I really wanted to dislike Wonder Boys. I even tried to dislike it. I mean, here it was a book about writers (barf) by Michael Chabon (barf) who kind of gives me the willies (I think it’s the hair). Despite all that, Wonder Boys still crawled into my heart.
So we’ve got pot-smoking, wife-cheating, never-ending-novel writing Grady Tripp and the weekend from hell. His editor comes into town for writerpalooza or something and brings along a drag queen. Grady’s wife has also chosen that day to leave him and Grady’s mistress, the chancellor of the university he teaches at, also decides to tell him she’s pregnant. Oh and Grady also managed to thwart the suicide of his gifted-oddball student James Leer who steals a jacket worn by Marilyn Monroe. Also, the chancellor’s dog is killed.
Can you stand up under the weight of that much contrived coincidence? Youch. And yet, it still works. I can’t quite figure out how or why, but it does. Maybe it’s because Grady’s voice is so strong. Maybe it’s because like so many of us Grady knows exactly what his problem is what he needs to do to fix it and yet, still doesn’t.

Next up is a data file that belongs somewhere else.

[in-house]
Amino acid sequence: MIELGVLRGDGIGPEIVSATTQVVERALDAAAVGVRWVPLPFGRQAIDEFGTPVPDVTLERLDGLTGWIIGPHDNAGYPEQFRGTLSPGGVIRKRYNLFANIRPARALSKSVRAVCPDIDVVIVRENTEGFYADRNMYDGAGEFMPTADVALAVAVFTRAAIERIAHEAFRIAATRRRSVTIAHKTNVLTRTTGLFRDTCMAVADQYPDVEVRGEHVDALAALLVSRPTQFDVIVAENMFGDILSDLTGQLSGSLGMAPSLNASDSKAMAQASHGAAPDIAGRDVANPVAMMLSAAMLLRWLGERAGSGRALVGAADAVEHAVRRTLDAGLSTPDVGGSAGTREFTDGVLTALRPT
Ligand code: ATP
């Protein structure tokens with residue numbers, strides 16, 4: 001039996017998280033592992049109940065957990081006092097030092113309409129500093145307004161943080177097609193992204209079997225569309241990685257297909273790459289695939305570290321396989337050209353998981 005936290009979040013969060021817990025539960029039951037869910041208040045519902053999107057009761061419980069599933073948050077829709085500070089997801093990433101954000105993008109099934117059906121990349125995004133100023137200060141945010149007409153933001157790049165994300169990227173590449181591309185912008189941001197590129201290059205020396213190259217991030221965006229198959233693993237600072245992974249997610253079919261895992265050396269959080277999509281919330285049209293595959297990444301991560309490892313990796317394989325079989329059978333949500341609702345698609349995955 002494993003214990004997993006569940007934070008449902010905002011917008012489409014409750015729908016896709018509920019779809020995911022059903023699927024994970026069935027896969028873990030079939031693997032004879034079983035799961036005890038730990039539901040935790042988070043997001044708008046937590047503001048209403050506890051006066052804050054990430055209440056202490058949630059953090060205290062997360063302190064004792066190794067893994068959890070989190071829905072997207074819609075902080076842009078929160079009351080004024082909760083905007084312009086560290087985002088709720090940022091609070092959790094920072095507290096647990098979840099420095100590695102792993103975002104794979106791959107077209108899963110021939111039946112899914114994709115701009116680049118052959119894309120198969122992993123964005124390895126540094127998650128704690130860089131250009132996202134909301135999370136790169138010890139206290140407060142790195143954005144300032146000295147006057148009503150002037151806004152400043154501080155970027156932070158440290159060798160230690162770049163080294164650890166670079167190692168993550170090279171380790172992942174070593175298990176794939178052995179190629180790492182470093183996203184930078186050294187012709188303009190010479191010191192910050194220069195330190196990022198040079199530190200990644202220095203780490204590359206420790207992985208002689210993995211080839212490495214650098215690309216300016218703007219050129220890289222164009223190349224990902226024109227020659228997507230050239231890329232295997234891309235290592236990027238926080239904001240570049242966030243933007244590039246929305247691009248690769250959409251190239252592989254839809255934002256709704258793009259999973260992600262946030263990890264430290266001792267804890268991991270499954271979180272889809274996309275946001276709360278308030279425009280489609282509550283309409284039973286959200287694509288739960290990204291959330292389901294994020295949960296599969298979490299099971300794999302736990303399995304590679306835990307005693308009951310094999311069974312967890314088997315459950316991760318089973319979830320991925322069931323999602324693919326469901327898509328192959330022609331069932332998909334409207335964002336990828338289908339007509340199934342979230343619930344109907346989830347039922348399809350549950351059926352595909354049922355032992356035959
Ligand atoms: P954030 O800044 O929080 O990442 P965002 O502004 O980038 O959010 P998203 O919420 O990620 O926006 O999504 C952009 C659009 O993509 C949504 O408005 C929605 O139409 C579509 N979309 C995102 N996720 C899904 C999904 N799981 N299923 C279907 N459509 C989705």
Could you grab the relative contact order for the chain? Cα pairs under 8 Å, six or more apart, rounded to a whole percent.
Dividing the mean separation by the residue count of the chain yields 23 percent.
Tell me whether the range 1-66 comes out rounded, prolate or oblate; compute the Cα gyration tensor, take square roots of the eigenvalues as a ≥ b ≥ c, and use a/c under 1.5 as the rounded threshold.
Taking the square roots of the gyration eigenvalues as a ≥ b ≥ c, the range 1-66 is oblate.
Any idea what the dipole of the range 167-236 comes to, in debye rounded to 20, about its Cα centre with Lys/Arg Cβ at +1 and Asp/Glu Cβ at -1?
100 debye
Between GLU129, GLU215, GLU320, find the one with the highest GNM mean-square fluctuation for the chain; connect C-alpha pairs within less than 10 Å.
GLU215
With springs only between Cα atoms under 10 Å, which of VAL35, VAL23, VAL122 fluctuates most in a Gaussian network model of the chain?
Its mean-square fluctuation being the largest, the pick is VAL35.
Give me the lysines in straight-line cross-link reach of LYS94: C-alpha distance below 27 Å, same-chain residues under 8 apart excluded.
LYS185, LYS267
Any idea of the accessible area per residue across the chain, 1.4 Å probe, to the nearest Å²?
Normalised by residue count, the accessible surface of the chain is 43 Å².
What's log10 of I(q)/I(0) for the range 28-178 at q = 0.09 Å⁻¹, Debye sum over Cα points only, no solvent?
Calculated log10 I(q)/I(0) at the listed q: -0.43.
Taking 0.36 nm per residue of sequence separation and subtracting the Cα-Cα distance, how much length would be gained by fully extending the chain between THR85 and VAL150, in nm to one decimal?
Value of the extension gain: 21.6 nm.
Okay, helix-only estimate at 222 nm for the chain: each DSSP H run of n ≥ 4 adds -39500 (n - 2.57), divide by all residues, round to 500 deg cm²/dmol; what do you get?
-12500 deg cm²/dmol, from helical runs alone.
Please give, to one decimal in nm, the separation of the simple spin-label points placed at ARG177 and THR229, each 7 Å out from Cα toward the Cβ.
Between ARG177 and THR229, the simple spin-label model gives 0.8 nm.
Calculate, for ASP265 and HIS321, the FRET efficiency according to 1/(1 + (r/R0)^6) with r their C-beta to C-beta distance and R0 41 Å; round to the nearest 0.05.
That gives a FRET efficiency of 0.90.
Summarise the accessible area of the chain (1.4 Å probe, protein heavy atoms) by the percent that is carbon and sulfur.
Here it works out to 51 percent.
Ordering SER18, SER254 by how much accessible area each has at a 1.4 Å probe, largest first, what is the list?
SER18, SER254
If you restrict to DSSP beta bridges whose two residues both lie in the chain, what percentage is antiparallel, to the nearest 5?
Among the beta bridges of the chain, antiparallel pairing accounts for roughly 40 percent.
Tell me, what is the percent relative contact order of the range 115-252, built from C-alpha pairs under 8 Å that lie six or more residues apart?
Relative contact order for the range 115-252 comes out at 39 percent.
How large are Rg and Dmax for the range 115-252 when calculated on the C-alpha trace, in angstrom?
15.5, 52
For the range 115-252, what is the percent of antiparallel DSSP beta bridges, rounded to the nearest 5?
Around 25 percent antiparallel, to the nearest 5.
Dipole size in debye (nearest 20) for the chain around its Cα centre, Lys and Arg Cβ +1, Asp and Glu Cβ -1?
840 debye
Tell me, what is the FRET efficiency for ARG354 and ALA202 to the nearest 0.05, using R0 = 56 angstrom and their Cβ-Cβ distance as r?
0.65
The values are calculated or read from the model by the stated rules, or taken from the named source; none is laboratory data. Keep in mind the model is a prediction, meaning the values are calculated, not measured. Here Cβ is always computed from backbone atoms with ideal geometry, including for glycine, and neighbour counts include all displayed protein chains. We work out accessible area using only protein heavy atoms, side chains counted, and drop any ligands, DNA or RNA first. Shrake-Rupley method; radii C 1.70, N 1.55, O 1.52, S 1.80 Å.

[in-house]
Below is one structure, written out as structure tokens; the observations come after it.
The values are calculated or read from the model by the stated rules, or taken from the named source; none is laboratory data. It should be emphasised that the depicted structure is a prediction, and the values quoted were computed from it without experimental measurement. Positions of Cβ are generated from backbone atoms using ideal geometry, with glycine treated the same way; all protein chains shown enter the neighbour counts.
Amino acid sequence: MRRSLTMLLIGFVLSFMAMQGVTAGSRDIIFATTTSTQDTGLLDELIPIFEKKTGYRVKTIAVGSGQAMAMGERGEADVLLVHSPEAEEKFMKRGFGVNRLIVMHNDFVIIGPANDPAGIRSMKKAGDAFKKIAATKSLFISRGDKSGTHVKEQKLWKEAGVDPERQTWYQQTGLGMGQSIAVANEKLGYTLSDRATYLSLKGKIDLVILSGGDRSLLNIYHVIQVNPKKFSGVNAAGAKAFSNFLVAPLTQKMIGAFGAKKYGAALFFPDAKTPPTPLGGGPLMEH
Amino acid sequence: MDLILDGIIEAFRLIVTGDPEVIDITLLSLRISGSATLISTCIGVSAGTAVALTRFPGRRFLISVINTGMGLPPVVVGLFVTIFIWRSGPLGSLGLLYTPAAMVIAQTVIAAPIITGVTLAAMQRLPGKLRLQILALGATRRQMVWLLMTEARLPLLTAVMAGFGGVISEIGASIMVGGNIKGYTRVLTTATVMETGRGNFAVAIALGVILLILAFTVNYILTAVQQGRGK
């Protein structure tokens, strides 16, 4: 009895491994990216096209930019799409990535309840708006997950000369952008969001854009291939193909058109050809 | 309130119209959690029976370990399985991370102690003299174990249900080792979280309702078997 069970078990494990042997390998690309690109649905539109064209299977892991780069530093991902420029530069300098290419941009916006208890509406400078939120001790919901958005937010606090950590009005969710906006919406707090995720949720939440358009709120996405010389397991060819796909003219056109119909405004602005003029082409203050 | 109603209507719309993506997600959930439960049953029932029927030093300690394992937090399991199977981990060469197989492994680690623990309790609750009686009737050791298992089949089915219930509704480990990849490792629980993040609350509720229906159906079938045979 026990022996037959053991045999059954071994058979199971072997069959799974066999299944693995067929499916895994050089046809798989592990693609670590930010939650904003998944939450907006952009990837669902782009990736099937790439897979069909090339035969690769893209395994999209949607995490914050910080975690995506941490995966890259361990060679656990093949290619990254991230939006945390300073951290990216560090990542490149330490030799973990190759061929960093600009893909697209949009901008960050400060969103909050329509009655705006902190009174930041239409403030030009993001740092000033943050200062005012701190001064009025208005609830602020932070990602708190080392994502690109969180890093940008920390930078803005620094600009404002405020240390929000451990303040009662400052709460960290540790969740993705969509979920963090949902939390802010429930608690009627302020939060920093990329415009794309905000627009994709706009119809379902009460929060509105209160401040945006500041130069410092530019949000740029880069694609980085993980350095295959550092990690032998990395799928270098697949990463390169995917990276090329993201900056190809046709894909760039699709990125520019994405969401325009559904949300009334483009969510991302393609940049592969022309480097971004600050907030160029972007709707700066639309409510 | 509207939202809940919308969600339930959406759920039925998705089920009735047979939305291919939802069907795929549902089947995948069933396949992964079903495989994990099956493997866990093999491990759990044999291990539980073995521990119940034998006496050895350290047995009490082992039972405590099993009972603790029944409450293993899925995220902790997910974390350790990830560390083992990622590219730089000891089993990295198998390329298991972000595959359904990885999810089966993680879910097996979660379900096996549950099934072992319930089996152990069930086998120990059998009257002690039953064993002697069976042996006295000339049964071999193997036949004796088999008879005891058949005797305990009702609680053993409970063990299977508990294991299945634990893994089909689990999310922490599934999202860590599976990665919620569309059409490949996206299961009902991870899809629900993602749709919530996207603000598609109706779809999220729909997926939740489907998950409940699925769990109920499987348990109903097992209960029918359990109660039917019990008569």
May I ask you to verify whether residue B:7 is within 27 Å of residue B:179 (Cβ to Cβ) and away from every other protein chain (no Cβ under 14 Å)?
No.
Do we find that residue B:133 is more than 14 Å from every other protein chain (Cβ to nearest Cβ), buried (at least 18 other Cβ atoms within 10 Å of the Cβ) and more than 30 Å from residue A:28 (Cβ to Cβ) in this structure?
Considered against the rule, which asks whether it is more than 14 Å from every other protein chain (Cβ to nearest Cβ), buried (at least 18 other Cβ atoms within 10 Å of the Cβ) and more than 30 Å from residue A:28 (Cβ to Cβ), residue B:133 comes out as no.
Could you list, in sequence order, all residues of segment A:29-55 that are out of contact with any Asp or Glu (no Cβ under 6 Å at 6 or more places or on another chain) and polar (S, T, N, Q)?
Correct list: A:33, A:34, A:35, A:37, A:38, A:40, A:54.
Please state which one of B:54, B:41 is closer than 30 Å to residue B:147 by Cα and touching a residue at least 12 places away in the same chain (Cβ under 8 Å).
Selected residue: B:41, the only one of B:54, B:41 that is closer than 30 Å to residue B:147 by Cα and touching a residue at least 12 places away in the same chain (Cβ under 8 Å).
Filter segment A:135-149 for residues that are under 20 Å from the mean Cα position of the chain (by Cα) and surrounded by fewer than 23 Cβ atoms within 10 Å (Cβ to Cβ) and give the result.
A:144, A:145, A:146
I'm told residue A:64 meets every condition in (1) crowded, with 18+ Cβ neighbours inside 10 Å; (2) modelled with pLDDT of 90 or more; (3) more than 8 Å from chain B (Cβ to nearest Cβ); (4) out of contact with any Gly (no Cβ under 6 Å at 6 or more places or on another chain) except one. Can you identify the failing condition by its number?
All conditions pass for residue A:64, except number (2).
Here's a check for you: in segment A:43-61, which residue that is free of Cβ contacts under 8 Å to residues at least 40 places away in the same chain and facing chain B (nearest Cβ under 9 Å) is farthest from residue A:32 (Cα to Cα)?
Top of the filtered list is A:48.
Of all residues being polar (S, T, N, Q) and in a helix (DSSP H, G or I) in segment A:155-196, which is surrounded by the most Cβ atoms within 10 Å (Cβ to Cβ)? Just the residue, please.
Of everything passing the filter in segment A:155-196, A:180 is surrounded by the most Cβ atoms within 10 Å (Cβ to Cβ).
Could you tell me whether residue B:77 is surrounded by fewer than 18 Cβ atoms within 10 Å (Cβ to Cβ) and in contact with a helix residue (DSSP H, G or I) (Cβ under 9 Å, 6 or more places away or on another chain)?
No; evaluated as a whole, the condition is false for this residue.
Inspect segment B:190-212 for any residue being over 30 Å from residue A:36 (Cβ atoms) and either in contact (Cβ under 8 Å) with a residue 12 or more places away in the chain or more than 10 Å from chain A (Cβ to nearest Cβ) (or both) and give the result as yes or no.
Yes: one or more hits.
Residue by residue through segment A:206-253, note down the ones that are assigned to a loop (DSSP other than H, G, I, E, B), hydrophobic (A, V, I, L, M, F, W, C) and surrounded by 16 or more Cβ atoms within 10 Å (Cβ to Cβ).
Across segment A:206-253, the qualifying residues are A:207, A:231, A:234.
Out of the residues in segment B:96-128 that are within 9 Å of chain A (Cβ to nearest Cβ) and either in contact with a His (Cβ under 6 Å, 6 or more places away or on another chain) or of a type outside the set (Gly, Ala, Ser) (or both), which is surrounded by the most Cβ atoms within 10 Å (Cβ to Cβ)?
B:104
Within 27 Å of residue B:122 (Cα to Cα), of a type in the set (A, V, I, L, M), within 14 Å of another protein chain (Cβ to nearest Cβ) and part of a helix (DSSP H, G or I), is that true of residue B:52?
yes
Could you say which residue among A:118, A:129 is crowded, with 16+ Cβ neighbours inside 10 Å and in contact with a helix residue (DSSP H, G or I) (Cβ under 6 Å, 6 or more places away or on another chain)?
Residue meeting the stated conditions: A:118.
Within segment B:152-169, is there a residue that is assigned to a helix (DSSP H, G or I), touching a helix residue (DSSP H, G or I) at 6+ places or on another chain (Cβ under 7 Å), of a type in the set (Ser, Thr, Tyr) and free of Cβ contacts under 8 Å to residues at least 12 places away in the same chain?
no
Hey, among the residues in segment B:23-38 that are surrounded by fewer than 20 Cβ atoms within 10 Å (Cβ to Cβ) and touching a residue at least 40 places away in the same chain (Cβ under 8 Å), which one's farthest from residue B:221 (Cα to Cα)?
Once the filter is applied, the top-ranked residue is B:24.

Part of the reason Wonder Boys works so well is that Chabon lets Grady say yes to every insane situation that comes up. Should I go to writerpalooza after my student has killed my married, pregnant-with-my-child lover’s dog? Hell yes. Should I take the dog’s body with me to hide the crime? Yes. Should I take my weird student to my soon-to-be-ex-in-laws’ house for Passover? Of course. Tell my sister-in-law about my infidelity? Why not.
So it goes on and on and on, with each crazy situation building on the next. But what remains true is Grady’s wry, insightful voice. Along the way he skewers every thing in his path from writing workshops to authors to editors to stoners to college students. It’s hilarious. I was so won over by Chabon and Wonder Boys that I am willing to give him another try.
(Full disclosure: I hated The Adventures of Kavlier & Clay with a passion I usually reserve for the Barenaked Ladies and mushrooms. To me it was a boring, drawn out big fat romance novel for men — comic books, wars, and love lost and reclaimed. Are you kidding me?)